The expanding wax pellet thermostat is elegant - and has faithfully worked for over 80 years. 70 years ago cars with heaters actually used hand operated bypass valves to control engine and cabin heat !!! Does anyone remember the pure alcohol antifreeze ratios ??? A Ford temperature gauge sticking up out of the radiator cap on top of a beautiful chrome radiator shell ??

07-26-10, 09:42 PM
Yeah - that's a switch, eh? A Northstar running cool!
yup, that's a first.

is it even possible to install the thermostat backwards?
I seem to recall that it is, but can't swear to it.

Does anyone remember the pure alcohol antifreeze ratios ??? A Ford temperature gauge sticking up out of the radiator cap on top of a beautiful chrome radiator shell ??
You got me there Sub.

07-26-10, 09:51 PM

07-26-10, 10:04 PM
I remember as a kid in the early 60s seeing cars that had overheated and boiled over in the spring, and my father said it was because they were cheap or ignorant and had used alcohol as antifreeze during the winter instead of Glycol (Prestone/Zerex) type. Not sure if that was true, but I do rememebr him saying that. I guess the alcohol water mix was OK in the winter, but had too low of a boiling point for warmer weather.

I got you now about the heater circuit - you're saying that the temperature "signal" for the thermostat is part of the heater or block circuit - different from the standard design - I see your point, and it's a good one.

I remember reading that the EGR circuits and passageways were specifically and deliberately placed on the coolant crossover to provide for extra large passageways and also for cooling of the exhaust gases to take place, to prevent any possibility of clogged passages, for all intents and purposes. Pretty sure I read that in the '97 FSM - could double check it if you like. I'm not trying to say you're wrong just to say it - just want to let you know that the EGR location was a well designed and thought out plan to avoid EGR passageway clogging - an example of creative engineering that none of us ever really appreciates or considers. Sure, the EGR valve might be known to clog sometimes, but I never have read of clogged passages, and I'm pretty sure that's not uncommon on some earlier design Cad (and other mfr.) engines.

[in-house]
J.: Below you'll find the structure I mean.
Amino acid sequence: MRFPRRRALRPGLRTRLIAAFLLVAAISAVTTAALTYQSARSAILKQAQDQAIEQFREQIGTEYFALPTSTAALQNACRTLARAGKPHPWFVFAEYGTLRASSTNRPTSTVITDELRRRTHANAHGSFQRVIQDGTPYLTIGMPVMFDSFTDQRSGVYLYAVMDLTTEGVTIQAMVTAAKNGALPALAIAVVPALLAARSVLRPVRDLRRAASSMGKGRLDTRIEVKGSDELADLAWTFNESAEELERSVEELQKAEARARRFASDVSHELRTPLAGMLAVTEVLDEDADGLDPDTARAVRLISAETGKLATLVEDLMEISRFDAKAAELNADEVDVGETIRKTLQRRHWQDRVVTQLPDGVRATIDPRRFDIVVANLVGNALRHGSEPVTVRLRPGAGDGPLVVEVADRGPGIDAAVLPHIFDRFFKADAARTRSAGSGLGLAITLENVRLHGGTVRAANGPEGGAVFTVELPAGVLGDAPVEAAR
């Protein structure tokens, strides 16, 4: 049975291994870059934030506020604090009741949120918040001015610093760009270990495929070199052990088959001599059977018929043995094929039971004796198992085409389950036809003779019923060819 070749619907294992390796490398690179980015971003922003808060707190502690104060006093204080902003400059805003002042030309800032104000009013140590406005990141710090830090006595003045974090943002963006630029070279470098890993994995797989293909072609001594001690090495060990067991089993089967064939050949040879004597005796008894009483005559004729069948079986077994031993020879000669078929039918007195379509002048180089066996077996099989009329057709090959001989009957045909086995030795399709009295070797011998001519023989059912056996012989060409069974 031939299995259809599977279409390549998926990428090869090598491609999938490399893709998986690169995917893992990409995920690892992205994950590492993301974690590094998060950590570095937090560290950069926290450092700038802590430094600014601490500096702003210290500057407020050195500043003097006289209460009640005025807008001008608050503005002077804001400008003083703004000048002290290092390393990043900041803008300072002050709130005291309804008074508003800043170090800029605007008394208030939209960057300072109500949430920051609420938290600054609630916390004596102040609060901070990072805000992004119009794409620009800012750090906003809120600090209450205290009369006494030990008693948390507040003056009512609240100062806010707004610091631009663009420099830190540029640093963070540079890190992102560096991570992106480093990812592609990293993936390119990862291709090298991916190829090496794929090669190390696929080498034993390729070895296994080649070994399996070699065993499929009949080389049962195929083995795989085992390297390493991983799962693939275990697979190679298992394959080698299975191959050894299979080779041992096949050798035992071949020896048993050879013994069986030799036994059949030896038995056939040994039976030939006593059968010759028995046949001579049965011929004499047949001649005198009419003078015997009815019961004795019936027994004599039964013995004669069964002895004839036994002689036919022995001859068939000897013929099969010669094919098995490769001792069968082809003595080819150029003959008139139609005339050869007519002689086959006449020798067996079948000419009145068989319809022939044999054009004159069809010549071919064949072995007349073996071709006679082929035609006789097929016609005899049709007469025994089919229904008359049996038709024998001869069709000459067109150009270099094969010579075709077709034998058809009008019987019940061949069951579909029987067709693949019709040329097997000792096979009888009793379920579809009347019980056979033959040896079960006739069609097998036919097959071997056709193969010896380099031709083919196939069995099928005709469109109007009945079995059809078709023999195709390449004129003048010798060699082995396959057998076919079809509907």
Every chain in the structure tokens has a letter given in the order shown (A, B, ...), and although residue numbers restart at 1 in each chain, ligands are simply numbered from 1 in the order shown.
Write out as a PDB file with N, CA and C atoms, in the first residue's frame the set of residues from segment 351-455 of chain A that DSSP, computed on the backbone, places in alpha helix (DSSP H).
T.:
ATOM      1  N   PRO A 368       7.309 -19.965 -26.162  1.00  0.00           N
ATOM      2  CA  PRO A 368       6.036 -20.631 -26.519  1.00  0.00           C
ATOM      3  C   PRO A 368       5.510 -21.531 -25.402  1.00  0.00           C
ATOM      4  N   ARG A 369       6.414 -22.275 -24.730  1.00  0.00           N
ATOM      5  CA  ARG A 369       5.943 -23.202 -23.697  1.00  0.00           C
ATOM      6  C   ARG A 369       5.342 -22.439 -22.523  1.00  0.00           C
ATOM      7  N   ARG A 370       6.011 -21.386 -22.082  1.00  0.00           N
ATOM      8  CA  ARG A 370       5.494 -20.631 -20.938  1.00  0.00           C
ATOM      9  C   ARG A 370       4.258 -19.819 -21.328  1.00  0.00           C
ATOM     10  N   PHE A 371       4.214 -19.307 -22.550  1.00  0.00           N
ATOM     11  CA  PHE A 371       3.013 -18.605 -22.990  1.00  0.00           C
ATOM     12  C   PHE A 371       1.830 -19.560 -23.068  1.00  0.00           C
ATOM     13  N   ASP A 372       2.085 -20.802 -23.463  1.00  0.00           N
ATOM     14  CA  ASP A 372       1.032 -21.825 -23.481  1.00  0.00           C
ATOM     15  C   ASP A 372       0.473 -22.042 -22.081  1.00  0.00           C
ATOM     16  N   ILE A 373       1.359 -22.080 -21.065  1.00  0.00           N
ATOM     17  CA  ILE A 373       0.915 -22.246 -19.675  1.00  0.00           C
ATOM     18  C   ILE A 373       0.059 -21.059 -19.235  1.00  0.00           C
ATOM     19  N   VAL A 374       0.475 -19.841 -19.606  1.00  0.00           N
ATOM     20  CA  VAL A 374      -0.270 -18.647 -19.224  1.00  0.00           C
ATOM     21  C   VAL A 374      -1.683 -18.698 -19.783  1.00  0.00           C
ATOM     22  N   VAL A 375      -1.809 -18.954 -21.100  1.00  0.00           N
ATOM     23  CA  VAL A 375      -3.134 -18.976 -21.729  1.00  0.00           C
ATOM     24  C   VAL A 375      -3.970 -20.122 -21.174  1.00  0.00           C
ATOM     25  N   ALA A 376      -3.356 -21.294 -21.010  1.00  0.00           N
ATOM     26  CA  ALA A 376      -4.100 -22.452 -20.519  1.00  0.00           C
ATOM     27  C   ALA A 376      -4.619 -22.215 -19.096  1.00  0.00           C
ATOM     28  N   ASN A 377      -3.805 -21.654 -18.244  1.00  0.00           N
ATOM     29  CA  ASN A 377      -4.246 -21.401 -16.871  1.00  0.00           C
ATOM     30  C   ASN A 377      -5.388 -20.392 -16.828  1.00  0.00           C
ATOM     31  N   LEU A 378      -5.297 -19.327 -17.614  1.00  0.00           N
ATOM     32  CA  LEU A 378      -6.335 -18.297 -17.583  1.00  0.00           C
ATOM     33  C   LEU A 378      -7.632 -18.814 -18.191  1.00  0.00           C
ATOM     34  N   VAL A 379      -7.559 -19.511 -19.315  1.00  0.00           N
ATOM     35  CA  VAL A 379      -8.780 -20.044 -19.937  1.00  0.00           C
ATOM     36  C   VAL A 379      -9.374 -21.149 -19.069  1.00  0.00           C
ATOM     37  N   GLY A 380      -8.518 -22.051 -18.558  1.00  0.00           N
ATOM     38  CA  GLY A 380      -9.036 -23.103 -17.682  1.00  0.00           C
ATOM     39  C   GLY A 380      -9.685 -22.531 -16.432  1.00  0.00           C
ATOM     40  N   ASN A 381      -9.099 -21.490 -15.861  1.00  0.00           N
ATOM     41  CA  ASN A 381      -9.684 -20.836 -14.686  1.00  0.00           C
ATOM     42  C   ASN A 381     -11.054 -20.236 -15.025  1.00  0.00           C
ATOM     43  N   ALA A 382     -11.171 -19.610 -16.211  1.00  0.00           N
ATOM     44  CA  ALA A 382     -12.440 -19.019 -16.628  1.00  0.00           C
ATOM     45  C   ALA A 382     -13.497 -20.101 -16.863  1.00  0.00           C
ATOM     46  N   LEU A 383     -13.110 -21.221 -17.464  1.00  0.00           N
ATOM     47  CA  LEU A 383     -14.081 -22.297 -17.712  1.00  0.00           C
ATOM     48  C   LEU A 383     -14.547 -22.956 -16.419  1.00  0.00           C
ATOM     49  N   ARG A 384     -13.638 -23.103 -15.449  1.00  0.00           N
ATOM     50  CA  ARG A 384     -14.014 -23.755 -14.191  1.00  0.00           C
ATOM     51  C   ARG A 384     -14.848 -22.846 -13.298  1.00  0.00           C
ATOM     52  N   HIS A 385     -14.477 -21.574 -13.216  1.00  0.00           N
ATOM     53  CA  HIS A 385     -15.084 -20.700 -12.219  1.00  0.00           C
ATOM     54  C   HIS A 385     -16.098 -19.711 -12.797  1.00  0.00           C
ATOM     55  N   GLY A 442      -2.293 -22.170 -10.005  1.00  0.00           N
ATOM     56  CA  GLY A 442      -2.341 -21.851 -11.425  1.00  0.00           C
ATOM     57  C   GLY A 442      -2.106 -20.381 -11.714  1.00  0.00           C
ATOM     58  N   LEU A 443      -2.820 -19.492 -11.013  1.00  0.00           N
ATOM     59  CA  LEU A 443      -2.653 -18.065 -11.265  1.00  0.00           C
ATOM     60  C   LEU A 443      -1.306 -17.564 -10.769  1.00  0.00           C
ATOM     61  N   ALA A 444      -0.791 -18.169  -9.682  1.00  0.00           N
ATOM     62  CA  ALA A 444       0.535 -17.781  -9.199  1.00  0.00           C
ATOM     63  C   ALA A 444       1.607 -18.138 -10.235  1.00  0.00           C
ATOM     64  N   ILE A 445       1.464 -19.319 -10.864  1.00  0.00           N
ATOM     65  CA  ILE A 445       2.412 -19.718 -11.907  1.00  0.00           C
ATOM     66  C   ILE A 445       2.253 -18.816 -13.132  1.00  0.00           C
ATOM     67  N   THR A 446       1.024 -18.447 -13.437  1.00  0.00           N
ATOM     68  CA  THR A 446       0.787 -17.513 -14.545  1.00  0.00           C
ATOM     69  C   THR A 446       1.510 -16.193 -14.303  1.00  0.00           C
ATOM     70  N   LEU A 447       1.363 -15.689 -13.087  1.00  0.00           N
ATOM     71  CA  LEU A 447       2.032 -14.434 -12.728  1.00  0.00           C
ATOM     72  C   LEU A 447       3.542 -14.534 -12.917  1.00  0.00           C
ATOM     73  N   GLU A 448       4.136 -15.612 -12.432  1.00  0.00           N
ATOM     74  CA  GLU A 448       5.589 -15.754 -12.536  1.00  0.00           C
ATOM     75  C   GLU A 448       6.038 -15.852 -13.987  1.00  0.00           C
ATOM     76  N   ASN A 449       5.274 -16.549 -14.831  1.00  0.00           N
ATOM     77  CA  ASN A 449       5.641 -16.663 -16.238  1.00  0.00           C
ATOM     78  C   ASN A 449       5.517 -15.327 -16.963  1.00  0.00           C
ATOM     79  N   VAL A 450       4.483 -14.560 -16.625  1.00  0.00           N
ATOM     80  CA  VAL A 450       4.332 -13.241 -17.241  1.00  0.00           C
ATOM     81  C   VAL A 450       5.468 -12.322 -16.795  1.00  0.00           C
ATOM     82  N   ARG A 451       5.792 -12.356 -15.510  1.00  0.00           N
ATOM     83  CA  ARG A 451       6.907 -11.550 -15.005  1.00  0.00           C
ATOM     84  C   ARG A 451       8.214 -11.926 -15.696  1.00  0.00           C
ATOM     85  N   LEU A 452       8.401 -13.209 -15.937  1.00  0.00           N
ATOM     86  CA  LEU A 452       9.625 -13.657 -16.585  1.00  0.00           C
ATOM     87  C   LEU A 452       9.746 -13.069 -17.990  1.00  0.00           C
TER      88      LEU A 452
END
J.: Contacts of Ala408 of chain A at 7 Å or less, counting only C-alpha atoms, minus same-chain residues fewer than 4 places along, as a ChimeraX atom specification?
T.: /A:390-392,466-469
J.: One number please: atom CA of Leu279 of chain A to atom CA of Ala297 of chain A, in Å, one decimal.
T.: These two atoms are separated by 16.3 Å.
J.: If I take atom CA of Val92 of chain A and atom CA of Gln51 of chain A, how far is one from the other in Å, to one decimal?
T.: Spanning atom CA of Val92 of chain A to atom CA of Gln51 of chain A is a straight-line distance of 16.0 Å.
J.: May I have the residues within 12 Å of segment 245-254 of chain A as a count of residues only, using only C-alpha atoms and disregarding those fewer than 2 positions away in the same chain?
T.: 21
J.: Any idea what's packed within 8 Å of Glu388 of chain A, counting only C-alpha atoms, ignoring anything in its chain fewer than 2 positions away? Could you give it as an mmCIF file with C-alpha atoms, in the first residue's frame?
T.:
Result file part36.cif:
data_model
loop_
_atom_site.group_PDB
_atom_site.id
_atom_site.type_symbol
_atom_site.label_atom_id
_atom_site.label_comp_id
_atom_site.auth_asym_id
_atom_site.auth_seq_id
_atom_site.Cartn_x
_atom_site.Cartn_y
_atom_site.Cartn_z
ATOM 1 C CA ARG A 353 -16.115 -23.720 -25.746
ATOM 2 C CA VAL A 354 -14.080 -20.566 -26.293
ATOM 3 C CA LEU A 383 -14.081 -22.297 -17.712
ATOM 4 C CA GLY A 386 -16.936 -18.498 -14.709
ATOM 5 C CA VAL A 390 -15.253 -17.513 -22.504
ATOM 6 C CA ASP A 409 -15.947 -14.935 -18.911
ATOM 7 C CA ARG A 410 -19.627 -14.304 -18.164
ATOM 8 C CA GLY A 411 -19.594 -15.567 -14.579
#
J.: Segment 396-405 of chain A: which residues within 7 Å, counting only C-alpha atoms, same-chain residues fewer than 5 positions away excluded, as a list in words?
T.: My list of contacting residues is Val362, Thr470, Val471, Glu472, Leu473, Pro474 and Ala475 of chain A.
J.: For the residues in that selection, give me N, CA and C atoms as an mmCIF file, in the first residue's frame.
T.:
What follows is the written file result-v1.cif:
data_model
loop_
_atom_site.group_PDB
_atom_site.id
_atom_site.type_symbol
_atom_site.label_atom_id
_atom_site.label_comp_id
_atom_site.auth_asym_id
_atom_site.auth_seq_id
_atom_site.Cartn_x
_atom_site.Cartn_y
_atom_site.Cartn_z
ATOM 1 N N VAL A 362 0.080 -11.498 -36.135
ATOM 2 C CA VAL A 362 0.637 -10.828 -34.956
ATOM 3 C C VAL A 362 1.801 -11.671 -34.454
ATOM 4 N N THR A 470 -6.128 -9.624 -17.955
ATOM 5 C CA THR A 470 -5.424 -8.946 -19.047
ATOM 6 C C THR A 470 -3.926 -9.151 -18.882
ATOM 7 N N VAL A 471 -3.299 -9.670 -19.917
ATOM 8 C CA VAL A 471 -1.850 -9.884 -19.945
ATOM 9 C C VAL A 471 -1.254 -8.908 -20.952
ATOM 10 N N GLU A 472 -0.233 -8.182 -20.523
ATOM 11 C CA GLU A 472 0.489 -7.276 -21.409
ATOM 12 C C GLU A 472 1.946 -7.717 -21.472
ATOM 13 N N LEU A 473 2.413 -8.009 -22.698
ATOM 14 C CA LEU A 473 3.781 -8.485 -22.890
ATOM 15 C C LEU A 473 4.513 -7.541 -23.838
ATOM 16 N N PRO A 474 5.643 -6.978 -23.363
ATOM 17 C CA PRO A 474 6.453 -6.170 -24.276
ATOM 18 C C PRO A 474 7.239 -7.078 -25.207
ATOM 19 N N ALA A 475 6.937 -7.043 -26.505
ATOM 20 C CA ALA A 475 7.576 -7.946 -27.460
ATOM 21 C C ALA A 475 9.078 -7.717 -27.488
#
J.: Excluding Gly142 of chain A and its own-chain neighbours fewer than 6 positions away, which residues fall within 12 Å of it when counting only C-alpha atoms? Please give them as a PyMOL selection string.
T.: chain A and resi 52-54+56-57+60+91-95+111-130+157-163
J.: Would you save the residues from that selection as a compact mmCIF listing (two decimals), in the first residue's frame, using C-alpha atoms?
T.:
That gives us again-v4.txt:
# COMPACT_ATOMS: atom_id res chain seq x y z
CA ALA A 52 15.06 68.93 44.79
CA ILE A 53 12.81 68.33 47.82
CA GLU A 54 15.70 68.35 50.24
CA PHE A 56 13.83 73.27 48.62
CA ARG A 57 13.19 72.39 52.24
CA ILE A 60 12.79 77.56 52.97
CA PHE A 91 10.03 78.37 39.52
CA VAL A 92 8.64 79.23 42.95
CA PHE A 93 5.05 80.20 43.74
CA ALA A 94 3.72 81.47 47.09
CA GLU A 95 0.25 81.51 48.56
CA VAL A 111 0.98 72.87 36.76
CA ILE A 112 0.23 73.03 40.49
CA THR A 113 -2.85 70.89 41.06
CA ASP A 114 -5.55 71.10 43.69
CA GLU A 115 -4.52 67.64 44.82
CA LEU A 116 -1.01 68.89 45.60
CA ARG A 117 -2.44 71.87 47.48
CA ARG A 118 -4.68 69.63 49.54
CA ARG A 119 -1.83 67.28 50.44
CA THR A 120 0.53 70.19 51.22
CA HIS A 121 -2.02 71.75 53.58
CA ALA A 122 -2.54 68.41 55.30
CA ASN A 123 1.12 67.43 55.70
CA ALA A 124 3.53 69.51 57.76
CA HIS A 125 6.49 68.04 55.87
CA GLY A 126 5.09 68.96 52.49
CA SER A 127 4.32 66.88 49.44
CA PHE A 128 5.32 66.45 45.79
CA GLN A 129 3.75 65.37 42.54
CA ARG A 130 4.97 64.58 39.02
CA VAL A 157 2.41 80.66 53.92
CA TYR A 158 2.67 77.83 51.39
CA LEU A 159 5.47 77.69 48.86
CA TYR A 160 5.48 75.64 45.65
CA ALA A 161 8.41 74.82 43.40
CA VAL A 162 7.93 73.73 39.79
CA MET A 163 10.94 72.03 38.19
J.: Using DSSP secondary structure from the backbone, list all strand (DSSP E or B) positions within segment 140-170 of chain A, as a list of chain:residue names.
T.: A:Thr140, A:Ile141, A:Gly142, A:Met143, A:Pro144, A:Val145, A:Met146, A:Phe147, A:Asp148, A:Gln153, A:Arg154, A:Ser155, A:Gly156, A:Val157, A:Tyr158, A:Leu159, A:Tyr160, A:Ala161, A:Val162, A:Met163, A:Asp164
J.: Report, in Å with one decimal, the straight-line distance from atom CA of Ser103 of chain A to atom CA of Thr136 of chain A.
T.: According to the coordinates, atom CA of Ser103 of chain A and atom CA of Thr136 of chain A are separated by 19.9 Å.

07-26-10, 10:13 PM
Just remember the 4.9 EGR tubes down in the TB. Common clog point. Never happens on the Northstar. The only choke point is the EGR pintle valve.

07-27-10, 08:56 AM
Curious about the EGR cooling idea.......might be a part of the Northstar design. The EGRs on some of the Olds 455s I build just dump directly into the side of the intake manifold - of course they don't exist when I'm finished - marine engines don't have EGR and Edelbrock Performer manifolds have no provision for it.

I know that my 2002 STS has the EGR sort of hung out in the breeze on the rear side of the crossover and the gas passages are in the crossover and heads, so there has to be some cooling taking place there.